- Poster presentation
- Open Access
Relationship between flexion of the neck and changes in intracranial pressure
Fluids and Barriers of the CNS volume 12, Article number: P39 (2015)
Intracranial pressure (ICP) monitoring at our department includes a standardized postural change examination to evaluate its effects on ICP. During these procedures we observed that neck flexion caused an increase in ICP in one patient. To clarify if the observation was a random occurrence or if it could be reproduced, we added neck flexion and extension to the standard examination.
All patients undergoing invasive ICP monitoring at our department were included prospectively. The postural change examination consists of eight standard postures including both horizontal and vertical positions. In this abstract we focus specifically on the effect of neck flexion on ICP in the vertical positions. We examined the effect on ICP with the patient sitting upright with a straight back and 1) a straight neck or 2) maximal neck flexion, and the patient sitting bent in “lumbar puncture position” with 3) neck flexion or 4) a straight neck. Each posture was maintained for ten minutes. We recorded ICP and demographic data.
All 45 patients completed both measurements in the upright sitting position (18 male), while 38/45 patients also completed both measurements in “lumbar puncture position” (16 male). In both positions, flexion of the neck caused an increase in ICP in all patients.
In the upright sitting position the median ICP with 1) a straight neck was –5 mmHg (range –28 to 8 mmHg) while the median ICP with 2) neck flexion was 3 mmHg (range –18 to 19 mmHg). The median increase in ICP when flexing the neck was 8.5 mmHg (range 2.4 to 18 mmHg). The increase was highly significant (p < 0.001).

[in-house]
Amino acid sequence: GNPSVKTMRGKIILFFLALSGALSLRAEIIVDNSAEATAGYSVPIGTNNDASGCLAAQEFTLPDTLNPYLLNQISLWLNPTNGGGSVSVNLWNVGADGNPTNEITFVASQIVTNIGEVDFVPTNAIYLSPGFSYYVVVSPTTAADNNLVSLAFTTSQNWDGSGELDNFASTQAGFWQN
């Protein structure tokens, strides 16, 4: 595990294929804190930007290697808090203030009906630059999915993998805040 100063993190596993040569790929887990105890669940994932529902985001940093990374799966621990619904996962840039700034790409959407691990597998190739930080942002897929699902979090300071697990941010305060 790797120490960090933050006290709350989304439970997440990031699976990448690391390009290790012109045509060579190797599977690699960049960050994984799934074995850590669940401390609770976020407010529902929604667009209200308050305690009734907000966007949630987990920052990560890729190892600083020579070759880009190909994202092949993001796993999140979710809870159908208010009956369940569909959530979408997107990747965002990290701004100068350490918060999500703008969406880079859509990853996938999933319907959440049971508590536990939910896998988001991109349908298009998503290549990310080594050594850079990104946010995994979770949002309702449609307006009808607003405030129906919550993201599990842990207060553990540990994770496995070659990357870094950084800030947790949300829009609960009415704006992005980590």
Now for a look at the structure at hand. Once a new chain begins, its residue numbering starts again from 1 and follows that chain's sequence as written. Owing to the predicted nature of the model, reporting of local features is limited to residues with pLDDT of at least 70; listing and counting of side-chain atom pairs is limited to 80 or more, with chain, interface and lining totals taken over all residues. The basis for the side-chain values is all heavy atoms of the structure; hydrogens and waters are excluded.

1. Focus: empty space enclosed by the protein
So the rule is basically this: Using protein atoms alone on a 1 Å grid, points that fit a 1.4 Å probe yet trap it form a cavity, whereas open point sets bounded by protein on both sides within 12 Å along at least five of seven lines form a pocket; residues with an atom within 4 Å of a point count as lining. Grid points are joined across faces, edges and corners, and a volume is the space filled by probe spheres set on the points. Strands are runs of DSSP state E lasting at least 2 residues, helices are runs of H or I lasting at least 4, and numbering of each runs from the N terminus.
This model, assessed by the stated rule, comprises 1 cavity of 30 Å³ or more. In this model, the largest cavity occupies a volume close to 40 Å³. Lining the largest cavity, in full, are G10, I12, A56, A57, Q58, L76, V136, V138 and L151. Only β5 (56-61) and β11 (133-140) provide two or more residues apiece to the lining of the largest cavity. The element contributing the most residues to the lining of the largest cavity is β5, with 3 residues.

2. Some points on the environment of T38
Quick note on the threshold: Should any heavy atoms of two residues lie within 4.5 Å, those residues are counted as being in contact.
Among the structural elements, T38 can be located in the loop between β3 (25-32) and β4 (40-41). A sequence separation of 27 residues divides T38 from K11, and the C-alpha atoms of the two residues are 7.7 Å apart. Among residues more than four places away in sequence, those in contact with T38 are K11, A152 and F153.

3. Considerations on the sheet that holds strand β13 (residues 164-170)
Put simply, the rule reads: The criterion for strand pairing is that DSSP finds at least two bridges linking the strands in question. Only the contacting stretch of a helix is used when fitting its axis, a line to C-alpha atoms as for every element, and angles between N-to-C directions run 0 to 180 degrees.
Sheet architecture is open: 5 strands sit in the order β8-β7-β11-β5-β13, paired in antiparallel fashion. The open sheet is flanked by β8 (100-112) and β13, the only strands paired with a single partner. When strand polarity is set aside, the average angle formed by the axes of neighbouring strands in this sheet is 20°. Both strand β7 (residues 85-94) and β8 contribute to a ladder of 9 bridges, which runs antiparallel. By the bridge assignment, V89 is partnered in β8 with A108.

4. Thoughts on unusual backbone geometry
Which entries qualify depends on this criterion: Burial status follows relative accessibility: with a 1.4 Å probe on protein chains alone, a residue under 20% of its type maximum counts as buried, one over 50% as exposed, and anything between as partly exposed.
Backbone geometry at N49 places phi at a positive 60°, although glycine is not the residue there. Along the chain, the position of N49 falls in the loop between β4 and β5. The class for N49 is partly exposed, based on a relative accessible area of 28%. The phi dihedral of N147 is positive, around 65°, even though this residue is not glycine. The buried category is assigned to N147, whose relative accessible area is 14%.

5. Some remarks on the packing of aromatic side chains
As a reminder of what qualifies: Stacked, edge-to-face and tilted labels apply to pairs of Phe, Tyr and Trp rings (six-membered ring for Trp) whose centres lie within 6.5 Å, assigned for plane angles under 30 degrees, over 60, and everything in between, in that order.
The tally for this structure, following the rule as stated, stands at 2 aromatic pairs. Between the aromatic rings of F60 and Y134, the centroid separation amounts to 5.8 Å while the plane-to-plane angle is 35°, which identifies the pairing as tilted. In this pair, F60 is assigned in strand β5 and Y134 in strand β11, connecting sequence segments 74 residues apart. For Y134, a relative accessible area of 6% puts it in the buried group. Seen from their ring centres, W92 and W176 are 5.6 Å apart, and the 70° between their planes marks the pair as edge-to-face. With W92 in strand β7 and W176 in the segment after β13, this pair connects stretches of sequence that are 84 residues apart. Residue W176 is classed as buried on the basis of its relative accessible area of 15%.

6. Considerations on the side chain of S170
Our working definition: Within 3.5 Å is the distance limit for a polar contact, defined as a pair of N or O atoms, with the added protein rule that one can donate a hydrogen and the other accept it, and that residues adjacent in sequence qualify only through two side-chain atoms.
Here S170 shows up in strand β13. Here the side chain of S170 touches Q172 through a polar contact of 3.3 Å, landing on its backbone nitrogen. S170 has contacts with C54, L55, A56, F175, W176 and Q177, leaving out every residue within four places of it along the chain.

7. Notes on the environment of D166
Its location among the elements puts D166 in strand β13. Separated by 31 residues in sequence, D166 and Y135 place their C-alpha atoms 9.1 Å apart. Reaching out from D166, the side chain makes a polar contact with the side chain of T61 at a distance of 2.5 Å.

The median ICP in the lumbar puncture position was 13 mmHg (range –15 to 38 mmHg) and -2.7 mmHg (range –28 to 14 mmHg) for respectively 3) neck flexion and 4) a straight neck. The median increase was 15.89 mmHg (range 8 to 25.7 mmHg). This increase in ICP was likewise highly significant (p < 0.001).
The results indicate that the position of the neck has a more important influence on ICP than previously presumed. We speculate that the increase in ICP is a result of either compression of the jugular veins or the vertebral canal.
Further investigation indicates that the jugular veins indeed are affected by the position of the neck. 10 patients undergoing invasive ICP monitoring and postural change examination have been examined by ultrasound (UL). Primary results shows compression of the jugular veins in response to neck flexion and a correlation with an increase in ICP.